How about you. Fill in the blank and share in the comments: The more I ______ the less darkness I see.
It’s all self-portrait.
The rawest material
Of an artist
Is their soul.
What gathers on the page?
It's all self portrait.
Acrylic, giftcard, soulstuff
Recently I've thrown myself at watercolor like a toddler throws herself at her own Mommy's ankles. Truth be told, my mother was a beautiful water-colorist, and. every now and then, I feel her presence as I paint. Not always, but sometimes. So, why on earth would I stop?
My journey as an artist did not begin with watercolor but with a strange and vibrant liquid called Alcohol Ink. Since June 4 2015, the day I first dripped ink onto tile, I've been creating art or planning art or thinking about creating art every single day! True to form, I threw myself into creating with inks for two years and eventually (in April 2017) I inked a field of poppies and a blazing sun. These two pieces led to a children's book, and then, in September of 2018, a full gallery show.
Fast forward to autumn, 2019. I still come to the table every day, but now my focus is with watercolors. Dipping brushes into pigments, making friends with them along the way, I am trying to go as far as possible in this precious time life has to offer. However, an increasing awareness was creeping into the bliss: I was chasing something yet unnamed.
Much as I enjoy the watercolor, I'd been having trouble capturing the heart of my art. Despite obvious enjoyment, growth, and successes, something was missing and had been replaced by a nebulous sense of separation.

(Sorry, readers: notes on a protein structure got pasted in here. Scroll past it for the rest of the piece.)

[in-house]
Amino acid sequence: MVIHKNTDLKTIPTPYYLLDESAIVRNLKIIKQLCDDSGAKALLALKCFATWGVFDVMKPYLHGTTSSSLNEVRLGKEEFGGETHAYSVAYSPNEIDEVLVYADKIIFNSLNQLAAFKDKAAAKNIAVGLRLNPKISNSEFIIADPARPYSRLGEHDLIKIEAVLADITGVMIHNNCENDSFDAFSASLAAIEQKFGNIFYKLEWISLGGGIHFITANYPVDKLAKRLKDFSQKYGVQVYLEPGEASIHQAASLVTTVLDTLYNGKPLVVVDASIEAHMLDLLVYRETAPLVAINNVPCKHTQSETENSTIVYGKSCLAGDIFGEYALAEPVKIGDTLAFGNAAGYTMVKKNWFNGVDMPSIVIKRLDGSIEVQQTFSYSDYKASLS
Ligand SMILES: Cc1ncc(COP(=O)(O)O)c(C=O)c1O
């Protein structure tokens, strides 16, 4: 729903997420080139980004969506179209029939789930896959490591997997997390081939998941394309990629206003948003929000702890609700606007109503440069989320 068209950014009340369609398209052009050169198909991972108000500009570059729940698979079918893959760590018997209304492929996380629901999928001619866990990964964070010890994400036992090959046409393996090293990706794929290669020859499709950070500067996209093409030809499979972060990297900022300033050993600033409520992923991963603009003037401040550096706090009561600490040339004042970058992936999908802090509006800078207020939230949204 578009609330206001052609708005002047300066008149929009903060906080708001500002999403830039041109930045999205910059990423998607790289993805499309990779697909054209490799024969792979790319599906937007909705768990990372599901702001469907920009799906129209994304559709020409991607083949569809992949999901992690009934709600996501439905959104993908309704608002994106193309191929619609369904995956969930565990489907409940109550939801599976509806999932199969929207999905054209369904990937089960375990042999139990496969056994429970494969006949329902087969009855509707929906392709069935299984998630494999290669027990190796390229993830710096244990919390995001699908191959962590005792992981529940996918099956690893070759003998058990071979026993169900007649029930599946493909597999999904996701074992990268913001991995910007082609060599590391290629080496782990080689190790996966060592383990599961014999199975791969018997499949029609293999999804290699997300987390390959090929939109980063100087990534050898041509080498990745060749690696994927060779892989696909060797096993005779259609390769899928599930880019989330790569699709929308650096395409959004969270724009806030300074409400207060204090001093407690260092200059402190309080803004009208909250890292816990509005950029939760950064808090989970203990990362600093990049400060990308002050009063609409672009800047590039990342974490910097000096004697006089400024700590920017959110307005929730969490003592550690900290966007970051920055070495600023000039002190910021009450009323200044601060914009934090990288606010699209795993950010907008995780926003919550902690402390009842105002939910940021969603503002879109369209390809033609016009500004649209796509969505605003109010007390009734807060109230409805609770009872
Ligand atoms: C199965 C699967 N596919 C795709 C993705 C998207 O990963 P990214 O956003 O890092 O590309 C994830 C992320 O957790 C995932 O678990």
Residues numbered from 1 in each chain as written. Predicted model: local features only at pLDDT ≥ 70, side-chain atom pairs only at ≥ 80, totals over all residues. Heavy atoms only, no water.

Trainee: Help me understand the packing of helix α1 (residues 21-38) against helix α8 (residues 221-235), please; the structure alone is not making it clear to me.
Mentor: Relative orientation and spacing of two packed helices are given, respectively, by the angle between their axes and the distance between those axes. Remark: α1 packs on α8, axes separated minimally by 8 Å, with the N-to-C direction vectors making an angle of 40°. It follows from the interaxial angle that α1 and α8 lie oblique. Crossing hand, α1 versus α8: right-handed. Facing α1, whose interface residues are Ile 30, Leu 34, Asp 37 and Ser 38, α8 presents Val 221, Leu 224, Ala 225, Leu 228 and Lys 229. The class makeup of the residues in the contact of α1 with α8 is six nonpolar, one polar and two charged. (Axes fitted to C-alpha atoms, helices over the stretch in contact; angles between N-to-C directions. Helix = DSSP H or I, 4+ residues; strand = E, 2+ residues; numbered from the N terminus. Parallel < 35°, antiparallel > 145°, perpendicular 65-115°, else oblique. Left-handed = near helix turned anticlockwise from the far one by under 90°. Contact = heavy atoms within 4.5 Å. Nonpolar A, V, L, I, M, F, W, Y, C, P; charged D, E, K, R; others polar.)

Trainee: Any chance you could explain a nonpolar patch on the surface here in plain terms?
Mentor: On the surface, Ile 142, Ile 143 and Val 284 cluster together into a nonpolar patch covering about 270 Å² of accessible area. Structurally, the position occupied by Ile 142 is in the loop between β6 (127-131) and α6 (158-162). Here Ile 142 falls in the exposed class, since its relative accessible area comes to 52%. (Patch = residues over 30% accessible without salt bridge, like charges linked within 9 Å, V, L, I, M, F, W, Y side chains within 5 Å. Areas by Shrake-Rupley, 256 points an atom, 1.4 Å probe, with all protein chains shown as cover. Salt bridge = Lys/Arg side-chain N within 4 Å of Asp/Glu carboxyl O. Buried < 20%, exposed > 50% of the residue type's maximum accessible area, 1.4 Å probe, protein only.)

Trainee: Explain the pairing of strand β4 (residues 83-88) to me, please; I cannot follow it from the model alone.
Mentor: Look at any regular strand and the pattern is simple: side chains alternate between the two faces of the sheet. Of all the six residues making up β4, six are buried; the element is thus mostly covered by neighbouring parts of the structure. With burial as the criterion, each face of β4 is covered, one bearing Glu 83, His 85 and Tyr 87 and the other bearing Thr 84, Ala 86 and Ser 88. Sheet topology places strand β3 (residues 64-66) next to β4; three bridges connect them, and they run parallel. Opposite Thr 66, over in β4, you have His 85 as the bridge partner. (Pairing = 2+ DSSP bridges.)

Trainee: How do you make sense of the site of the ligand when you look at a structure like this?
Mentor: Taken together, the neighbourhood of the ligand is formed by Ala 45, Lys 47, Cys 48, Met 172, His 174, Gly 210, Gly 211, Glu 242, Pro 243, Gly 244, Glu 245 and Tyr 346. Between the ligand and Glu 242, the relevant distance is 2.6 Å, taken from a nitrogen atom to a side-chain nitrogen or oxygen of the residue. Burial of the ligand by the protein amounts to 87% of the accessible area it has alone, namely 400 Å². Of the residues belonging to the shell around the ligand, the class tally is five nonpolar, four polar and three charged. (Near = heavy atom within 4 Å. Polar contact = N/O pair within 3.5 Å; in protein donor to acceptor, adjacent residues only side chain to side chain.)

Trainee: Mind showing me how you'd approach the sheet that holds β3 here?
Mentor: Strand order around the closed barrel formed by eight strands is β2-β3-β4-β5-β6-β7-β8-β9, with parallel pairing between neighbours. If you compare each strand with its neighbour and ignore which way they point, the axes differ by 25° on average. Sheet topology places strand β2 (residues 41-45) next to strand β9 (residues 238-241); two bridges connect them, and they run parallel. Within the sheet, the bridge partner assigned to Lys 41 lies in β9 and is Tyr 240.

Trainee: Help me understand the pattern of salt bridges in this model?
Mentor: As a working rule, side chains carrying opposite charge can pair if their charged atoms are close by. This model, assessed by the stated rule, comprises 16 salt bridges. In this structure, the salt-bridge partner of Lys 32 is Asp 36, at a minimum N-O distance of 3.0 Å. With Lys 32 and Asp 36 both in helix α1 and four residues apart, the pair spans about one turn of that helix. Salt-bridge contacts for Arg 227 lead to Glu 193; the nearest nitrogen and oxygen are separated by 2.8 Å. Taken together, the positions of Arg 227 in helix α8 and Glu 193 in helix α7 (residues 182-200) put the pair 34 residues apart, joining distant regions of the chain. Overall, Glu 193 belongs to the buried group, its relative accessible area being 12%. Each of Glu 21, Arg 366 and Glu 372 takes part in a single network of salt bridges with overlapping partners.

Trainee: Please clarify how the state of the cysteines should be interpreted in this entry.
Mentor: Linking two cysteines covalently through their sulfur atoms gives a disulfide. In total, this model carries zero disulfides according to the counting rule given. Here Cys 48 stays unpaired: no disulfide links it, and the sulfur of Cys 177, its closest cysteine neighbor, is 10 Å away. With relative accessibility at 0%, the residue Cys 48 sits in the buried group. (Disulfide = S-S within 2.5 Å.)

Where was the thrill that I'd felt moving ink across ceramic tiles? My approach to inking was atypical, using forced air, centrifugal force, gravity, and even fire to move the ink, avoiding brushwork as much as possible. I missed the feeling that came from those earlier sessions with alcohol ink and one morning, staring at a blank page, it hit me! Who ever said I had to give up my process completely? NO ONE, that's who! The solution was easily within my grasp.... maybe my two skillsets could be mashed together.
The poppies seemed like the perfect place to begin. The first version had been painted with alcohol ink on tile, using fire to achieve the vibrant blooms. Of course, fire was out of the question on paper, but what about forced air? I'd created the original grasses and stems by blowing ink across the tile. Could I use this same exciting technique with watercolor? Would the colors hold their own? Would they even budge on the page? There was only one way to find out.
Sometimes we have what we are looking for but don't know because we expect it to look a certain way. If we practice gentle focus, giving space, stepping back, and asking our eyes and heart for an honest look, we may discover that the kernel of truth we set out to lay down in paint is right there on the page.
That's what happened to me with a painting I later titled Path of Light. The thing is, I knew it's name before it developed into a painting and, this is just a guess here as I'm not fully clear on how inspiration really works, maybe that's the reason it all came together. I'd been reading from The Tao of Watercolor, by Jeanne Carbonetti. She was talking about focus... about knowing what we want to say. I found that so interesting because she wasn't saying to focus on knowing what we want to make. Her emphasis is to first know what we want to say or what story do we want to tell. There is a difference. Can you feel it? She also says that beginning artists often judge a painting too soon - that maybe it needs more paint. Both of these ideas influenced what evolved the next time I picked up a brush.